Defocused blur of supermarket shelves with cheese.

Contributed By Kaivac.

Most forms of bacteria prefer moderate to warm conditions. Not so with psychrotrophic microorganisms — they like colder temperatures, around 40 degrees (F), if not chillier. It's because of this, they are often found developing in, of all places, cooler display cases in supermarkets.

“Sometimes these organisms, which are different forms of bacteria and fungi, are brought into the display case when food is shipped,” says Mike Perazzo with Kaivac. "Other times they develop as food deteriorates in the [refrigerated] display case.”

According to the Valencian Institute of Microbiology, a private reference laboratory, “psychrotrophic microorganisms are the main microorganisms involved in the deterioration of refrigerated foods.”

If food containing psychrotrophic bacteria is purchased and later consumed, it can be a health risk. For supermarket professionals, these microorganisms can develop on display cases and shelves, destroying hundreds of thousands of dollars' worth of food products each year, seriously cutting into profit margins.

The food products most likely to become contaminated with psychrotrophic microorganisms are the following:
·      Products of animal origin, primarily raw or cooked meats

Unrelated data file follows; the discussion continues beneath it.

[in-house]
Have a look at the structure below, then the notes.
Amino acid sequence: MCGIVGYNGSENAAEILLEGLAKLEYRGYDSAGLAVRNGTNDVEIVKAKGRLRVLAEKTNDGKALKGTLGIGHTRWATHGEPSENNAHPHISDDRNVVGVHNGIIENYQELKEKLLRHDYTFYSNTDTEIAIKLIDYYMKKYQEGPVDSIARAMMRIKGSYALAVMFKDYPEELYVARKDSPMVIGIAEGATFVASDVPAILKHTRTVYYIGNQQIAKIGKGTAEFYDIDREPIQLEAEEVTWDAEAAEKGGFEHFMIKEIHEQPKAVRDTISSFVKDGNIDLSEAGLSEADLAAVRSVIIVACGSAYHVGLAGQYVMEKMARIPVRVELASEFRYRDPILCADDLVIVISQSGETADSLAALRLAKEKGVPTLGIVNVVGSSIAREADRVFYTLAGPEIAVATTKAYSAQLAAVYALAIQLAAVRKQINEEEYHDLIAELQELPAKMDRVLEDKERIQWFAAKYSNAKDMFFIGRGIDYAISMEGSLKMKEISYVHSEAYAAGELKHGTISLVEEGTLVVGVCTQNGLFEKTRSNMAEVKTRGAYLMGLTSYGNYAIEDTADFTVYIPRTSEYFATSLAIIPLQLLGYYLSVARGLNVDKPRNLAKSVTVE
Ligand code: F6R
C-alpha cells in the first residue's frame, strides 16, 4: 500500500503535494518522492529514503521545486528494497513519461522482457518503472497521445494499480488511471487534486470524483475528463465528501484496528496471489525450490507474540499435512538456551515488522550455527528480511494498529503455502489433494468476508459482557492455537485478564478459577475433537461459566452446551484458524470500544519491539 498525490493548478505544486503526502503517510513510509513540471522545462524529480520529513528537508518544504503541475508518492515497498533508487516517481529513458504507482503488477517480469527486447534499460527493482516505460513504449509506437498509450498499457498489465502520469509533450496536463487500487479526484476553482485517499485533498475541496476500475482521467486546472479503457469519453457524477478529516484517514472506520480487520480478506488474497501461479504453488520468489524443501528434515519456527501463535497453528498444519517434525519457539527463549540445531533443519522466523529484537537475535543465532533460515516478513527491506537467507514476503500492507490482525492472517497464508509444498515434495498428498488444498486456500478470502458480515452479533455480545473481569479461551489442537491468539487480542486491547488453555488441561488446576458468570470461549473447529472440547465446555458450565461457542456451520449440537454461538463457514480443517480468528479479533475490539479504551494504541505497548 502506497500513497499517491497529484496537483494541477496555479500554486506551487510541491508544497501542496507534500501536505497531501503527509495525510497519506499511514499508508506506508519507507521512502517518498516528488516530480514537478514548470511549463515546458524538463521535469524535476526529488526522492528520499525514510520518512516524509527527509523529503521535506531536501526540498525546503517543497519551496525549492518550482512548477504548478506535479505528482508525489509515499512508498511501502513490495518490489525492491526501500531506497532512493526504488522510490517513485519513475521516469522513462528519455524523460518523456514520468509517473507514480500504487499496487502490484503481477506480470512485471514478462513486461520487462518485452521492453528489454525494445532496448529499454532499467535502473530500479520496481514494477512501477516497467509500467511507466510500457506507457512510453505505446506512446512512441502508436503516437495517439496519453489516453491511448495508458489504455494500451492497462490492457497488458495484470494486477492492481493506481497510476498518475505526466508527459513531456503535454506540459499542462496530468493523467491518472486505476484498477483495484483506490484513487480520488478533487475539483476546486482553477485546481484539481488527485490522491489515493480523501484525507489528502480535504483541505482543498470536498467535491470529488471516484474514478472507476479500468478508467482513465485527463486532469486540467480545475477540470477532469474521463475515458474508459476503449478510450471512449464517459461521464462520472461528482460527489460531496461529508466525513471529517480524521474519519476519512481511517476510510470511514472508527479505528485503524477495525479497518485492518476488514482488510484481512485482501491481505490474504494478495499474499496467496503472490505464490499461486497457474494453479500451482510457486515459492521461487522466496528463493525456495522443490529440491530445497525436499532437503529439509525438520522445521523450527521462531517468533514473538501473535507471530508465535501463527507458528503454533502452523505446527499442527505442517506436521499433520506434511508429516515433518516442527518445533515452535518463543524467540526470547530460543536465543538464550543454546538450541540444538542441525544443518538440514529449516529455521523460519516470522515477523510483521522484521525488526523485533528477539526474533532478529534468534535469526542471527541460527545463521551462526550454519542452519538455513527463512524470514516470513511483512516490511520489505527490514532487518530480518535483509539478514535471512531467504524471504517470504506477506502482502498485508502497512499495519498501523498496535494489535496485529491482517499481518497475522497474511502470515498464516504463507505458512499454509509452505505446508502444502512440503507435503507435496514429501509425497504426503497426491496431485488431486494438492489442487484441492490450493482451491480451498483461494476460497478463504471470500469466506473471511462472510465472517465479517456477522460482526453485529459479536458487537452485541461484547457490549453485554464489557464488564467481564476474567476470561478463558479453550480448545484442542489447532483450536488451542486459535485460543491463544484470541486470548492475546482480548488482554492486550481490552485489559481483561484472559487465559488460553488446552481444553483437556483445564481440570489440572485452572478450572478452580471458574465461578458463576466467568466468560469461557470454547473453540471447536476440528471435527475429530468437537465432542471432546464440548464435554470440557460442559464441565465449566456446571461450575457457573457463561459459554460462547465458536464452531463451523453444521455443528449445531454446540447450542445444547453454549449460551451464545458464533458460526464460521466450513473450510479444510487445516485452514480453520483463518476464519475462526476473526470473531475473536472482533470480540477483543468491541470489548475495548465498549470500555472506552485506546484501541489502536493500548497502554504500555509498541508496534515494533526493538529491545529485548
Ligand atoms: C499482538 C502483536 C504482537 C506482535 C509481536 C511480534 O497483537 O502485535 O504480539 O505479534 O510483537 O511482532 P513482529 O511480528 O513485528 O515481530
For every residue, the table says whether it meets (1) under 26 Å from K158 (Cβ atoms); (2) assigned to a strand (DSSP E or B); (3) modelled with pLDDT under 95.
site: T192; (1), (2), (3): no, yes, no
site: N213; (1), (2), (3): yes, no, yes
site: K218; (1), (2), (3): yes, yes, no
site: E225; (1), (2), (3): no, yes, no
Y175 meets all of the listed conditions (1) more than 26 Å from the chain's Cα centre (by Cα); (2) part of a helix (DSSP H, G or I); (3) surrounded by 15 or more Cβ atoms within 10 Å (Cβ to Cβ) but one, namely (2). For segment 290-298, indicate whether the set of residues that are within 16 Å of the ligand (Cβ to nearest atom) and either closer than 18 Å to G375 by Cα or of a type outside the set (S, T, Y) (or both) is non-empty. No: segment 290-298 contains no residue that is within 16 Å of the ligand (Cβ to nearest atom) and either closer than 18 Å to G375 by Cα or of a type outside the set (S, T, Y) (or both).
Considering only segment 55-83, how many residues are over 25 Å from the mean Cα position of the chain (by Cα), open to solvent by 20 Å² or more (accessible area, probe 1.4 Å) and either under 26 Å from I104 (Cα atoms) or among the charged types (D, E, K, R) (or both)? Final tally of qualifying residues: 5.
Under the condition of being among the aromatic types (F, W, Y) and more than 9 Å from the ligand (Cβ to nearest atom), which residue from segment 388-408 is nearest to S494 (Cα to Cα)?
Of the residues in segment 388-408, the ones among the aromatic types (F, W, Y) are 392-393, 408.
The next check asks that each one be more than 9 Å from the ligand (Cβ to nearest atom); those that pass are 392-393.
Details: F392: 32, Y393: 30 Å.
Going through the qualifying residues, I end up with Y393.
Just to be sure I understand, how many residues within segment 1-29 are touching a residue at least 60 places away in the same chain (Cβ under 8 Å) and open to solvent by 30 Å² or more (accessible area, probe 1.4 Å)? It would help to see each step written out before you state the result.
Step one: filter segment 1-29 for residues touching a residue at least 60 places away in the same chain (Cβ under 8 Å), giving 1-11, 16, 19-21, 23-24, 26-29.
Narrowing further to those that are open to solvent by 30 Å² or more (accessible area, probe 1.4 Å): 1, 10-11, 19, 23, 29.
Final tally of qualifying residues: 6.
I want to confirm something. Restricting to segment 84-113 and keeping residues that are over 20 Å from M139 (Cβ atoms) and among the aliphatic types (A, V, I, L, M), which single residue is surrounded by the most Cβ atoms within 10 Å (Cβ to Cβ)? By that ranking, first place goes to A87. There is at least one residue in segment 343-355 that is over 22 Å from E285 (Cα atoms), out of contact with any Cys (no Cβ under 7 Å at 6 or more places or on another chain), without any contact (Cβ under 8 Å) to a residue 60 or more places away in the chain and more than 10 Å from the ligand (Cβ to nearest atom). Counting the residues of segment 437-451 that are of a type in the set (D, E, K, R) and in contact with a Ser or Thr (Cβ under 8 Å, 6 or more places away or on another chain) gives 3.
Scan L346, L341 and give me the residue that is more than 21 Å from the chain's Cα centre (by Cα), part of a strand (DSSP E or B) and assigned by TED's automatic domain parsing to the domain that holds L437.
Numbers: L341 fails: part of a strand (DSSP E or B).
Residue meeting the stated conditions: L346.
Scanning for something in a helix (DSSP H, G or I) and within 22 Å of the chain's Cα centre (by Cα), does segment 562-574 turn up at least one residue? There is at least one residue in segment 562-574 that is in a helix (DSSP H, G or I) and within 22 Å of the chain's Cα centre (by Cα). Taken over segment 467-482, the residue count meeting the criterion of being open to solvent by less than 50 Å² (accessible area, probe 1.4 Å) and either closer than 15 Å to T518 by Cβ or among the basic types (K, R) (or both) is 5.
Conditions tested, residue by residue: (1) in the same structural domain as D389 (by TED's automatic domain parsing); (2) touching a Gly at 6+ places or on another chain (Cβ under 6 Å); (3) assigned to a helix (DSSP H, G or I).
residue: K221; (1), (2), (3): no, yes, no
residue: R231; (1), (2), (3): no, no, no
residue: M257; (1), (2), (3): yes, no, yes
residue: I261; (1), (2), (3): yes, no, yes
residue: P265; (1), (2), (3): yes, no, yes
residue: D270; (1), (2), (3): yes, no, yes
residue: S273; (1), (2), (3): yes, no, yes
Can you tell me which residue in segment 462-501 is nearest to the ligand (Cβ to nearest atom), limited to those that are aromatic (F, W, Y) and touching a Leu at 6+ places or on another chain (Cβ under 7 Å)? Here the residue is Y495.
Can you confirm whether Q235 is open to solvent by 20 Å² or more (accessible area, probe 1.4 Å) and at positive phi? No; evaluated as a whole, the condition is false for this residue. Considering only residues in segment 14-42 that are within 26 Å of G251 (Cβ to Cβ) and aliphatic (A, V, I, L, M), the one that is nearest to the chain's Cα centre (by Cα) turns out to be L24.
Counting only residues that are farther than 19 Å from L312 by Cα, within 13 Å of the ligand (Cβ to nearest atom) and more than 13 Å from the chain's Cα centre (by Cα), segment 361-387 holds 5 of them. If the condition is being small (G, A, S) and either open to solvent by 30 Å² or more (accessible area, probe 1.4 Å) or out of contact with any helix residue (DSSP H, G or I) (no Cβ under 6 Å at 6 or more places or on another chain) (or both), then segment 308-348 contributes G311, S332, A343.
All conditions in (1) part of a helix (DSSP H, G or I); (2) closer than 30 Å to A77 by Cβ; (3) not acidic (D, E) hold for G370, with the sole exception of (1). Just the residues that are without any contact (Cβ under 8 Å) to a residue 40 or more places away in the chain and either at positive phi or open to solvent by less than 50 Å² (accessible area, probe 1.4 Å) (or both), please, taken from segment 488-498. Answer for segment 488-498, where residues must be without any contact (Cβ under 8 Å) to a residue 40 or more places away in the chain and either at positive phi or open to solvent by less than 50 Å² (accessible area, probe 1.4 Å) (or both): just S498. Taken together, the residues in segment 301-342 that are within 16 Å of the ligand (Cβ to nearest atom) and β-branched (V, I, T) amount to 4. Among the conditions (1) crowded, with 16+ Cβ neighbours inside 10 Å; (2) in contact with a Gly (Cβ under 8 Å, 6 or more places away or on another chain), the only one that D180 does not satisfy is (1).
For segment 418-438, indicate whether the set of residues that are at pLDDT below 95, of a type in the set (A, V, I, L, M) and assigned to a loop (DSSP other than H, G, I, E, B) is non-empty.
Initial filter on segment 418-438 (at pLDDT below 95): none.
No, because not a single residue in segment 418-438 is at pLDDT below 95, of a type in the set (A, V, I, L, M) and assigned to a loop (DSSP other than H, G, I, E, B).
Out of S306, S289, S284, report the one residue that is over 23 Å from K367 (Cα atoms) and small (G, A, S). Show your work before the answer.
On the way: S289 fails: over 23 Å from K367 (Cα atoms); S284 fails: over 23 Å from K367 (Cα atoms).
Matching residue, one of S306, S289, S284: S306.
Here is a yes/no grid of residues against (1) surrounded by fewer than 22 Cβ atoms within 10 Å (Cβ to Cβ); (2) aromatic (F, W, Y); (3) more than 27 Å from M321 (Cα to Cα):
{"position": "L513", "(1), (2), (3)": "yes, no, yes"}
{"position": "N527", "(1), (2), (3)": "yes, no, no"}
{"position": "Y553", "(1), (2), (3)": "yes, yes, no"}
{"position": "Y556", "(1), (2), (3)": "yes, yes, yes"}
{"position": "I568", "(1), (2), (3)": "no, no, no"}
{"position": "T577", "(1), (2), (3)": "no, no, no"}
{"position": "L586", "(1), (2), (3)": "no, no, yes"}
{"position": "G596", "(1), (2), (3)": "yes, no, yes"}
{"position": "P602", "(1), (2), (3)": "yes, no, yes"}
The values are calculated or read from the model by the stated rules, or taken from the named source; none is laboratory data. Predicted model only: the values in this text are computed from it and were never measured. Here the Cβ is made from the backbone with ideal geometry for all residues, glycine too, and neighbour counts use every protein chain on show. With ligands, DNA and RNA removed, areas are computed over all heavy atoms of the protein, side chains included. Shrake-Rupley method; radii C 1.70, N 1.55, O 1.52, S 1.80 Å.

·      Fresh or cooked seafood
·      Fruits and raw vegetables
·      Dairy products, especially milk, as well as cheese and butter
·      Ready-to-eat and grab-and-go foods

Making matters worse, as these microorganisms grow, biofilms can develop on shelving. Biofilms are sheltered bacterial communities that are exceedingly difficult to remove.

To detect psychrotrophic microorganisms, display cases must be swabbed. Those swabs must then be sent to a laboratory for testing. Results can take hours or a few days.

“Testing is usually not practical or possible in most grocery or convenience store settings,” says Perazzo. “The best option is effective cleaning of cooler displays. This helps remove [psychrotrophic] microorganisms from display cases and prevents the growth of future microorganisms."

To clean display cases, Perazzo recommends cooler display case cleaning systems that can be used by in-house staff. These system apply cleaning solution to shelves, fans, condenser coils, and refrigeration components. Areas are then pressure rinsed, removing psychrotrophic microorganisms and other pathogens, which are then vacuumed up by the machine.